With several major names getting inducted into the Wrestling Observer Newsletter Hall of Fame from the Japan region in recent years, the ballot is wide open for new candidates to gain major traction and make a run at getting inducted.

In the last several years, performers like Kazuchika Okada, Tetsuya Naito, and Kota Ibushi, not to mention the addition of the Holy Demon Army to the ballot, have taken up a majority of votes in the region. With all of those acts now inducted, the space is open for the remaining names on the ballot, as well as some newcomers, to break out and potentially get inducted this year.

We asked our staff at Voices of Wrestling to make the case for different names from the Japan region on the ballot, and why they believe they should be getting the nod from voters this year. -Jesse Collings (Gentlemen’s Wrestling Podcast)


Put simply, Shingo Takagi is either the greatest or second greatest (to Masaaki Mochizuki) in-ring wrestler in the history of the Dragon System. There was no adjustment period in his career as a rookie and I’d argue his prime started in 2008 and continues to this day. Continuing this line of logic, Shingo was consistently the best in-ring wrestler in Dragon Gate from 2008 until 2018 (when he left the company.) When he wasn’t having strong singles matches during the DG era or a huge focus at the top of the card, he was plying his trade as an excellent tag team or trios wrestler.

Although Shingo will never be credited as one of the top historical tag team wrestlers in the Dragon System, his team with Akira Tozawa put up countless Twin Gate classics and he found a strong role in teams with others like Dragon Kid, YAMATO or Cyber Kong. His career in New Japan only solidifies this resume along with his appearances in 2005-06 Ring of Honor, 2009-13 for Dragon Gate USA and countless times in Europe. It is my belief that we will go a long time before finding someone with this complete of an in-ring case as a hall of famer.

Shingo Takagi’s drawing power is something I think gets underestimated. His first monster push came after a traumatic neck injury for CIMA and he was thrust into a role that the crowd was not at that time ready to accept. Business went down during this first title reign (Summer and Fall of 2008) and he wasn’t relied upon to be a top of the card draw until 2011-12 in response. This was in contrast to his ability to draw on the North American and European indie pretty consistently from 2006 to today. Of note, Shingo was reliably the best (if not only) draw for Dragon Gate USA, ticket sales often reflected if he was on the card.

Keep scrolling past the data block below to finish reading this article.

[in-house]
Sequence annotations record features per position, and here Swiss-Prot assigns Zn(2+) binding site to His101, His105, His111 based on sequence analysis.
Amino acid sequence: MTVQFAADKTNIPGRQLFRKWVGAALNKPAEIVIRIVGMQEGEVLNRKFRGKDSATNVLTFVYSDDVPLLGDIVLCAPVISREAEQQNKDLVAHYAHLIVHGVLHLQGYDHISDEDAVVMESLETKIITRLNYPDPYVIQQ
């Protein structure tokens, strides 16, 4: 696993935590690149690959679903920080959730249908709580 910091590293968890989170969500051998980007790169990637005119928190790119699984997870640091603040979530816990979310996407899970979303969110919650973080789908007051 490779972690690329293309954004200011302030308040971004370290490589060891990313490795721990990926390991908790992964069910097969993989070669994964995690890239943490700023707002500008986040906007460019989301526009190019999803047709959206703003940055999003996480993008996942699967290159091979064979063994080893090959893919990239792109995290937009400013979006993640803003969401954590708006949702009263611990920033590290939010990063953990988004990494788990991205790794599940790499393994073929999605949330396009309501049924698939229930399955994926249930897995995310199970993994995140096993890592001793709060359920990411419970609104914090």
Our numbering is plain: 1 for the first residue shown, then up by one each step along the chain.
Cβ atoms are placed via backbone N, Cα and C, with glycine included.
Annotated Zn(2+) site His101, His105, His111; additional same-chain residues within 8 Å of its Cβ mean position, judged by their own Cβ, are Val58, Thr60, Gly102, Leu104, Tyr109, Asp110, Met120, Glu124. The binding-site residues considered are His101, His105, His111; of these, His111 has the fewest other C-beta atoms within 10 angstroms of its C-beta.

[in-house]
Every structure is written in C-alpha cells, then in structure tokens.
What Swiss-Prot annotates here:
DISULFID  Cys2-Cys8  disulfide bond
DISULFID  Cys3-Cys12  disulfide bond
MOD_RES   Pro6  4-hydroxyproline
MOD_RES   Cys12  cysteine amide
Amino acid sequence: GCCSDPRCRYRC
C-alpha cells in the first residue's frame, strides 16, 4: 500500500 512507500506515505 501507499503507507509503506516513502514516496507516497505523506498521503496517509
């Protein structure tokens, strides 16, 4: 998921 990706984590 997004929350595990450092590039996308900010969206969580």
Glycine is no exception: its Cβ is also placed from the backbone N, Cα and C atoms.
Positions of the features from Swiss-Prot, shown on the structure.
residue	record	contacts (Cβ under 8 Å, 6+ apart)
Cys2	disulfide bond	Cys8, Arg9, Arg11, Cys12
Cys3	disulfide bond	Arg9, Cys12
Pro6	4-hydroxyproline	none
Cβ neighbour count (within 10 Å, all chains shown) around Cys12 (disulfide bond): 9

I don’t think Shingo fairs great at the moment as an influence candidate. Sure he showed that you can be a power junior and succeed in a lucharesu context, but he has never participated in Dragongate training of rookies or scouting foreigners. As time goes by, however, I suspect more and more wrestlers will credit Shingo as an inspiration. How many we can’t say yet.

-Mike Spears (Open the Voice Gate)

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Mike did a great job making the case for Shingo Takagi already, especially focusing on his Dragongate career, but I want to add a little about his New Japan run as I feel he’s really cemented his legacy there. To be clear, Shingo already had a great career long before he stepped foot into NJPW, but the fact that he came up to the largest professional wrestling company in Japan and thrived pretty much immediately says a lot about the level of talent we’re dealing with here. He was placed into what could have been a difficult position for a lot of people- essentially being an injury replacement for the hugely popular Hiromu Takahashi’s spot in NJPW’s top unit- and ran with it right from day one, being accepted by the LIJ fans immediately.

Obviously, the greatest case for Shingo is his in-ring work, and he has only continued to add to that resume since entering NJPW. In just five years with the promotion, he has racked up an astonishing 17 matches rated at 9 points or higher on Cagematch.net, and 51 matches rated at an 8 or higher. This is even more impressive when you consider that nearly three full years of his run in New Japan came during a period where fans were not allowed to make audible noise (with the obvious exception of clapping- oh boy was there ever clapping), which had a hugely detrimental effect on NJPW’s critical reception.

To add to his sneaky drawing case, Shingo’s initial run with BUSHI as a junior tag team had a surprisingly strong effect on local drawing, and he and Will Ospreay headlined a BOSJ final show that drew an impressive 7,650 at Sumo Hall in 2019. His entire top run as the heavyweight champion took place during a period of COVID attendance restrictions, which makes it difficult to gauge, but at the very least NJPW saw Shingo as someone they could hand the ball to during a very difficult period (both due to the pandemic and various injuries/absences), which has to count for something as well. Overall, when you add his legacy-cementing run with New Japan to his already strong credentials from Dragongate, Shingo Takagi has put together a far stronger Hall of Fame resume than he’s often given credit for. He’s the easiest Yes vote for me in the Japan region this year.

-John Carroll (Wrestling Omakase)